In December, we upgraded playback to 256kps, which is roughly double the average bitrate of your typical online station. In order to keep tabs on bandwidth consumption, a key was introduced for our web-player in order to access it. A key is automatically distributed to anyone who signs to our mailing list. It’s a quick little filter that ensures we’re getting the right people listening. We’re still 100% listener-funded, so those who donate to the project get external player access, priority connectivity (via IP registration) and a few bonuses from the label.
There seemed like a possibility that the radio would be taken down last year, but now it’s back. Tell us about that, and about its future.
I think as far as a lot of people are concerned, the radio has been taken down. Dewtone was readily available on just about every public directory service out there (Radio Tuna, TuneIn, iTunes Radio etc.) until last November. In September, Dewtone breached 25,000 monthly listens for the first time in its history and back-end costs were stalling the project’s growth. Public directories also discouraged users from visiting the site, which made it difficult to relay some of our values and introduce people to the artists. I had to either accept the project was going to stay stagnant, or figure out a way to raise funds to accomplish our goals. Taking the radio private brought forward so many people out of the woodwork. Donations poured in and here we are. I was blown away. I’m sure some CDM readers were in there too, so thank you!
Looks like you’re working on a mobile version of the Dewtone radio site – tell us more. When can we expect it?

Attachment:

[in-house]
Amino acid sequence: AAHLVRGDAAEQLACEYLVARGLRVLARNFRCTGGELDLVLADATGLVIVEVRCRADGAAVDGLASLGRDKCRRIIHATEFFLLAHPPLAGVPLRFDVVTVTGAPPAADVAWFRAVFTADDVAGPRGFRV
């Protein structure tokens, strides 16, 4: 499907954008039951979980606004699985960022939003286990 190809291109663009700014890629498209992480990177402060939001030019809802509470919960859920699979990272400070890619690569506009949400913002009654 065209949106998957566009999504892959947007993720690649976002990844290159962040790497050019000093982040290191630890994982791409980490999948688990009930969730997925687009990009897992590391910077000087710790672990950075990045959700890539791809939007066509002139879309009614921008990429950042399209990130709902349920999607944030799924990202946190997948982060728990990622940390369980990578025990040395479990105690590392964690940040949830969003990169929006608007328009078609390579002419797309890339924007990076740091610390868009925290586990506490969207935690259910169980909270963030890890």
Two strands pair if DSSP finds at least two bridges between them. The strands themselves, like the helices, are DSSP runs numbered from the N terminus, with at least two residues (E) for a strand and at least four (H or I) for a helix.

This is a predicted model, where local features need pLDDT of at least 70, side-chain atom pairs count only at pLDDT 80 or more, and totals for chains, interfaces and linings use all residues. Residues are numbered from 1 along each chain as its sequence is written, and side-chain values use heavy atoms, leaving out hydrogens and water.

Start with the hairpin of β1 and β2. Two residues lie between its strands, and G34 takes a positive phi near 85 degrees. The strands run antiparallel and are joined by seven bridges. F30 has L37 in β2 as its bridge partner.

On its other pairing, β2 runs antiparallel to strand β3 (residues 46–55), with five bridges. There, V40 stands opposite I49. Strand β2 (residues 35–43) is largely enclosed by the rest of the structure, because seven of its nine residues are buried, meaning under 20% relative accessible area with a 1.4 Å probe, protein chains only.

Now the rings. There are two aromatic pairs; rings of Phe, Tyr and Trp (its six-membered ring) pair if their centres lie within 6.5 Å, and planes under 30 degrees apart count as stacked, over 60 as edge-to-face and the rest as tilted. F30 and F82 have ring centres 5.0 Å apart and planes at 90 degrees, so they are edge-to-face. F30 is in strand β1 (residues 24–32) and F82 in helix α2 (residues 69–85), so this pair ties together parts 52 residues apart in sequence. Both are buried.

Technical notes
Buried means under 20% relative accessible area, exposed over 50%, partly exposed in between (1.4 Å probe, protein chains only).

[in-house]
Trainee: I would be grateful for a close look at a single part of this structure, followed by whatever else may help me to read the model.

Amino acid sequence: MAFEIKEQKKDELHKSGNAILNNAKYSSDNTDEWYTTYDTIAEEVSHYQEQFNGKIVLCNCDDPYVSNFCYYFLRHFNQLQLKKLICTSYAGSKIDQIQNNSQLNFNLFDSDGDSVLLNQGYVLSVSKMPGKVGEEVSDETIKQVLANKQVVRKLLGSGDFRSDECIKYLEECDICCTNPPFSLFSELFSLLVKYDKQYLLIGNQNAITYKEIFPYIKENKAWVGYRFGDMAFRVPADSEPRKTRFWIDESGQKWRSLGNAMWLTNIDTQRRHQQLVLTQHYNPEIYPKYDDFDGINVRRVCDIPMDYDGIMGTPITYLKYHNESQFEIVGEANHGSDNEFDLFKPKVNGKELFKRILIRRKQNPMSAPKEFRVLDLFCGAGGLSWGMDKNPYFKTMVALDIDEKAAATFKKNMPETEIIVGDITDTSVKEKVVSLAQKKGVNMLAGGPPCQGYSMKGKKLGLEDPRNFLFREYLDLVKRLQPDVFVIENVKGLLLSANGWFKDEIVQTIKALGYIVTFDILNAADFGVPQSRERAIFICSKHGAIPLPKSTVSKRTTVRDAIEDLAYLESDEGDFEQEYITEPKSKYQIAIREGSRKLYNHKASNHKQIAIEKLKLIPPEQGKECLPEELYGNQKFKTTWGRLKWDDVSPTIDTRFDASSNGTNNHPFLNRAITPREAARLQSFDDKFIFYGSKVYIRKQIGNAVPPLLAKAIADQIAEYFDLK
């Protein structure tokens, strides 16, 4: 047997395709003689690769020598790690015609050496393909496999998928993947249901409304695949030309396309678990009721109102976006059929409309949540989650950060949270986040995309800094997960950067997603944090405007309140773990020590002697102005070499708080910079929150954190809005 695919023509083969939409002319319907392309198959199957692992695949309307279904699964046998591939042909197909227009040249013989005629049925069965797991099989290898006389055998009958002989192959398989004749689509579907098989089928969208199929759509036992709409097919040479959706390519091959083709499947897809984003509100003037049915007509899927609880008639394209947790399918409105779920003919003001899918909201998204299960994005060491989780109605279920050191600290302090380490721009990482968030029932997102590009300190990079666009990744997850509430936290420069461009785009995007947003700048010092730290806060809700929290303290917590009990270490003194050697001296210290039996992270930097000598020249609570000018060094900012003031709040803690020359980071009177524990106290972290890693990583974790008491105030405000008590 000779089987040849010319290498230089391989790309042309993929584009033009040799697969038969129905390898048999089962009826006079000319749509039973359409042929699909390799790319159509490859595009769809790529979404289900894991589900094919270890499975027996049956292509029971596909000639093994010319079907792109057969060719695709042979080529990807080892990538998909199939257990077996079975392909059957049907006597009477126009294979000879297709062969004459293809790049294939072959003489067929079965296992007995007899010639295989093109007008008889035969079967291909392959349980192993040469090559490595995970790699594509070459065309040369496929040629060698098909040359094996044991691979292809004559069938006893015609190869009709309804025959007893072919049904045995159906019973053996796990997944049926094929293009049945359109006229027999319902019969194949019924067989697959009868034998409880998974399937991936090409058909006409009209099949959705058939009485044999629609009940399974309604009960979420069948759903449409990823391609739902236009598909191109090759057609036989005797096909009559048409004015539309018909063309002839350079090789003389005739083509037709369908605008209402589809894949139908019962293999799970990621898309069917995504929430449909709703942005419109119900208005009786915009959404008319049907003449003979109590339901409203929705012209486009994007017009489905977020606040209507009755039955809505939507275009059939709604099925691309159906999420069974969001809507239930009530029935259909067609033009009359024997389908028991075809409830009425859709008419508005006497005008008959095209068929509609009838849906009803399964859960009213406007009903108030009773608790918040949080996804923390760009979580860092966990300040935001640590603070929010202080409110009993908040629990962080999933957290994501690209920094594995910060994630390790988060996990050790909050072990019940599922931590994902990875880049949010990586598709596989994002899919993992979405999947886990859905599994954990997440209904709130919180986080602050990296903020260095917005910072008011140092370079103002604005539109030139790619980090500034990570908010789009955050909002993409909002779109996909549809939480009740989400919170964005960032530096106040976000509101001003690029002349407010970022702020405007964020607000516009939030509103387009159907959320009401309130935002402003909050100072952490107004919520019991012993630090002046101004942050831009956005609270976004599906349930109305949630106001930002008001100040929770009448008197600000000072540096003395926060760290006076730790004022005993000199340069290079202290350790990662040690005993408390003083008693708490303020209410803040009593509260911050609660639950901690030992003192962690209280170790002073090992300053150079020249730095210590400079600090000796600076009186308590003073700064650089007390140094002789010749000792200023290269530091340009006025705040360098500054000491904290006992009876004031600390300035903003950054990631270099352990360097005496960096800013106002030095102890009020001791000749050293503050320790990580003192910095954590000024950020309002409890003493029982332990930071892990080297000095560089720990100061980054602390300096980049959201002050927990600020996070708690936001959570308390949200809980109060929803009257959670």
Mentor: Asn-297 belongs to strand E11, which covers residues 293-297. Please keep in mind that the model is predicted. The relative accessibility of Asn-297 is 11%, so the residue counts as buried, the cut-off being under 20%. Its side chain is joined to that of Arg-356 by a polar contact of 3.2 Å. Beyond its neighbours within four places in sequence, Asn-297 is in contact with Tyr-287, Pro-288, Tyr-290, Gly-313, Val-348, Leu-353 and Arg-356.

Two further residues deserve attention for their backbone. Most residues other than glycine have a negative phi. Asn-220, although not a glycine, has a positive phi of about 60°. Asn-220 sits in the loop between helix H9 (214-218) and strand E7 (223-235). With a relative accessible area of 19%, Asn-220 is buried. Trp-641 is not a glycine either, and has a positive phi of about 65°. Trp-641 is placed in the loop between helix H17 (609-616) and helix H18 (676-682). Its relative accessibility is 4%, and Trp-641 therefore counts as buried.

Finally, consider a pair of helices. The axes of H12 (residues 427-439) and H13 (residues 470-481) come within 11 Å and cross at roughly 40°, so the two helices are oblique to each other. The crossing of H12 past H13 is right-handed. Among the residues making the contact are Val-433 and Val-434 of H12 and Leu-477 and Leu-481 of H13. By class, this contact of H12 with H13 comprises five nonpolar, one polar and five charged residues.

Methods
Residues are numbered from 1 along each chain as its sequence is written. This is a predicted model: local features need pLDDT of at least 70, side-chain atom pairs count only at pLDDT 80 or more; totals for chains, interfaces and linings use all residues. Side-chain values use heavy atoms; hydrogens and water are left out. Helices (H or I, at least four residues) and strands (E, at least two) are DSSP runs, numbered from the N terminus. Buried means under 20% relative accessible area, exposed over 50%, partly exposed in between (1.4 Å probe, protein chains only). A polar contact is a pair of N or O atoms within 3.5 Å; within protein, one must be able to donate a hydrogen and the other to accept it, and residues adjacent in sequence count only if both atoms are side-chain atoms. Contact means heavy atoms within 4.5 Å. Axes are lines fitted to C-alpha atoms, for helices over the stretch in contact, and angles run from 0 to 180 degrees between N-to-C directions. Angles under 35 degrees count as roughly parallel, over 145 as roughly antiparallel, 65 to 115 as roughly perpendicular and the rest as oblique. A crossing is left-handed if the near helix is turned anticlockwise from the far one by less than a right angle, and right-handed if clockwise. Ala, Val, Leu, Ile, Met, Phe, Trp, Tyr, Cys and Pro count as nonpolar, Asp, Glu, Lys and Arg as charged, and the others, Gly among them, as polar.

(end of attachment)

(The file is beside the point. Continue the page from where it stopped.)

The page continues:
We’ll be keeping it simple. If you visit the site on your phone right now, you are forced to zoom right in on the player in an attempt to connect and, even then, the display is a bit cumbersome. The idea will be to strip away some of the pages, lay it out similar to an app and have the sole focus on the radio. It should appear sometime next month.
What’s the release schedule for the label look like for the upcoming year?
We pushed a lot of music out over the last two years, so I’m not on a mission to release at the same pace, but it could still happen. We’re starting the year with a sophomore EP from Cordoba-based artist Nadia Popoff. We’ll be featuring a vocal performance for the first time on that release from Montreal’s Lily Jordy. Bjorn Rohde returns with a conceptual EP under his “Exif” guise, but reminiscent of his Forgotten Hearts EP. A full length solo effort from Purl is due out in the first half of this year and we also just confirmed that Sven Laux will be releasing another album with us too – so keep an ear out!
You’ve mentioned wanting to be involved in more live shows – what does that look like if Dewtone is, at its heart, an online radio station and label?
Well, with any show, a lot of that comes down to the artist(s) performing, the venue hosting and less about your digital footprint. You’re right to ask though, because finding the right context has been a challenge. Dewtone presents a lot of intimate music, not quite fit for the club and not intended to be background ambiance either. I was fortunate to host Loscil and Ali Khan to an engaged sitting audience last Summer, but I’m not sure we’ll see any Canadian shows until well late in the year. The goal right now is to get enough of us under one roof for a show in Berlin by July.
You’ve got a lot of assets to juggle – the label, the website, a podcast series, maybe upcoming shows, now mobile – it definitely seems like a multi-armed project. Where are you focusing energy for 2014, or if it’s still on everything, how do you balance it all and keep it in harmony?
When you lay it all out like that it sure seems like a lot! In all honesty, it feels much easier to manage now than a couple of years ago. I’ve been chipping away to simplify the process on my end in order to take on more. I think it really comes down to not putting too much pressure on yourself and to take your time. My focus this year continues to be on my relationships with the people involved, making sure we’re growing and getting what we both seek out of a collaboration.
Any other upcoming plans for you yourself or the Dewtone project?
I continue to write for Exclaim! (Canada) and I’ll start making regular contributions to A Strangely Isolated Place. Founder Ryan Griffin has been a big supporter of the label and many like-minded projects so we’re both looking forward to presenting more written perspective around that content. As for Dewtone, we’ll continue to maintain, build our audience and keep the door open for new collaborations.